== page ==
It runs!! Took it for a couple rides to bed the rings in and already it feels like a different machine! Rings must have already been broken before I brought it, probably the reason it was parked up in the first place. Anyways fixed now! Way more torque all round, so much better in traffic. Got it back on the dyno to measure how many horses were added to the stables. Netted almost 22hp up from 15hp so super stoked with that!!! Still needs a final tune, valve clearances, re balance carbs, check torque on headnuts etc. But stoked with 22hp. Happy NY’s OS!!!
  12. Abarth

    1970 Honda CB250k Super Sport

    Right o, after a quick visit back to NZ it was time to get stuck back into the Honda. This is sitting at the workshop in a sad state. While I was in NZ the machinist bored the cylinders to match the +1mm oversized pistons, skim the head, cut the valves and valve seats. These Honda motors run a reasonably tight piston to wall clearance of 0.0014 thou which all checked out when we measured the walls, pistons and gapped the rings. Ring gaps are meant to be between 0.015~0.035mm and they measured in at 0.025mm so bang on. Took ages to remove the old gaskets from the faces, even with this nifty air powered tool it still to a good hour of cleaning the surfaces. Added in new timing chain, tensioner etc all Honda OEM stuff Old cam chain tensioner vs new, apparently these tensioners have a bit of a bad rep of coming apart but this one seems to held up alright, yes the rubber wheels are a bit beaten up but 40 years of heat cycles I'm surprised it isn't more. Got it all back together and torqued up, the build had been pretty much to factory spec so everything went back together easily enough. By this time it was almost midnight so now the motor is sitting in the frame waiting to be finished. Next update will hopefully had this motor running!!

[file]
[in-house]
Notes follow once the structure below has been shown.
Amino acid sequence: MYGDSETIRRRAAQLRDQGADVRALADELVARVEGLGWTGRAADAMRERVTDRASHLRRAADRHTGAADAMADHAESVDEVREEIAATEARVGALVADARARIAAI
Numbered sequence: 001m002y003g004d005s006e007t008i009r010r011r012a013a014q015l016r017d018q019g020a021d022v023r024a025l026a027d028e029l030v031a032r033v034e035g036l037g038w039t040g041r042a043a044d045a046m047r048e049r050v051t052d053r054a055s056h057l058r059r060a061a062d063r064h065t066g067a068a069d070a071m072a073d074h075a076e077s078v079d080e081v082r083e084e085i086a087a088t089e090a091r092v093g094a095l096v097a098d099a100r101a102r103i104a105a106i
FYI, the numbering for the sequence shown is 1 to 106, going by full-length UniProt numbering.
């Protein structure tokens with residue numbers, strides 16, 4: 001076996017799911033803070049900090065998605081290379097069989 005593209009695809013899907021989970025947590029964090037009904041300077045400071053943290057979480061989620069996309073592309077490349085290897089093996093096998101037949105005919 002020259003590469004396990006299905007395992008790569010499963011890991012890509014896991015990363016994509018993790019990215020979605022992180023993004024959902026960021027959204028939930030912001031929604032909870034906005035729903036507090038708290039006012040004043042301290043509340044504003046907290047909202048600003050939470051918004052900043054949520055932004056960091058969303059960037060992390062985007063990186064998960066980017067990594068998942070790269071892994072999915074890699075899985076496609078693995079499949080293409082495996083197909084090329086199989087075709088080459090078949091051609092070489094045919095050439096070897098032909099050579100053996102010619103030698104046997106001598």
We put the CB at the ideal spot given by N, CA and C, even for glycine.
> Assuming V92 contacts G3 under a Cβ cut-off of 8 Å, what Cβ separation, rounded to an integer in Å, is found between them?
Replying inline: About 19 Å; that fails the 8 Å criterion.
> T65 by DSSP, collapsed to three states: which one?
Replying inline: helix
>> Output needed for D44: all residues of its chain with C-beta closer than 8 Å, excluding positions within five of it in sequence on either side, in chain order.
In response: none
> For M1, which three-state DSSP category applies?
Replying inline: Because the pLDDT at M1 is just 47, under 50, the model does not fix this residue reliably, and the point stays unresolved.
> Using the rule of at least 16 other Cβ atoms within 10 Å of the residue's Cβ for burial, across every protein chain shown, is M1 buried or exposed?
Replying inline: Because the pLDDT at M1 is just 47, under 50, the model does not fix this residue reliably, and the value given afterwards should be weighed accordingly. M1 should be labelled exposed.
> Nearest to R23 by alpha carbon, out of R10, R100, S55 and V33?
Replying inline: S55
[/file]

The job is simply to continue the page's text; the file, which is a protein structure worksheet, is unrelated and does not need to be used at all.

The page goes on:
13. Abarth

    Honda CL175 from hell.

    My Honda has same equally as bad charging system but after changing over to the new reg/rectifier and LEDs (brakes, dials, park light) I can drive round with the headlight on 100% of the time without the battery going flat. Definitely worth doing. Are you running the 35w headlight? Mine still does, its not great, thinking of switching to 55w but again back to power issues.
  14. Abarth

    1970 Honda CB250k Super Sport

    Got the motor out, pulled it down, unsurprisingly the rings were broken. What was surprising was how broken the rings were. Still good for 10k rpm on the dyno haha! There was also a huge amount of slop between the cylinder and piston. Checked over the rest of the engine and everything else looks in good nic. Crank is perfect and the head looks good. So just a case of really worn pistons and rings. Cylinder and head are at the machinists now getting machined to accept the +1mm pistons.
  15. Abarth

    1970 Honda CB250k Super Sport

    In prep for the rebuild I got measuring some numbers. The digital scales came out to measure the weight of the pistons, rings and pin. Amazingly they all were perfectly equal in weight to the nearest gram, stoked. Next piston to cylinder clearance; its only 0.0008 ~ 0.0019 inch as apparently these ART Honda pistons don't expand much. I'll keep these numbers for the machinist. Lastly these motors run a 9.5:1 compression ratio so there is a bit of room to remove a bit of meat from the head/cylinders. Been reading online guys removing up to 0.02 inch before running into clearance issues, this also increases compression to around 10.3:1ish. Nice to know as I'm 99% sure the head isn't flat anymore.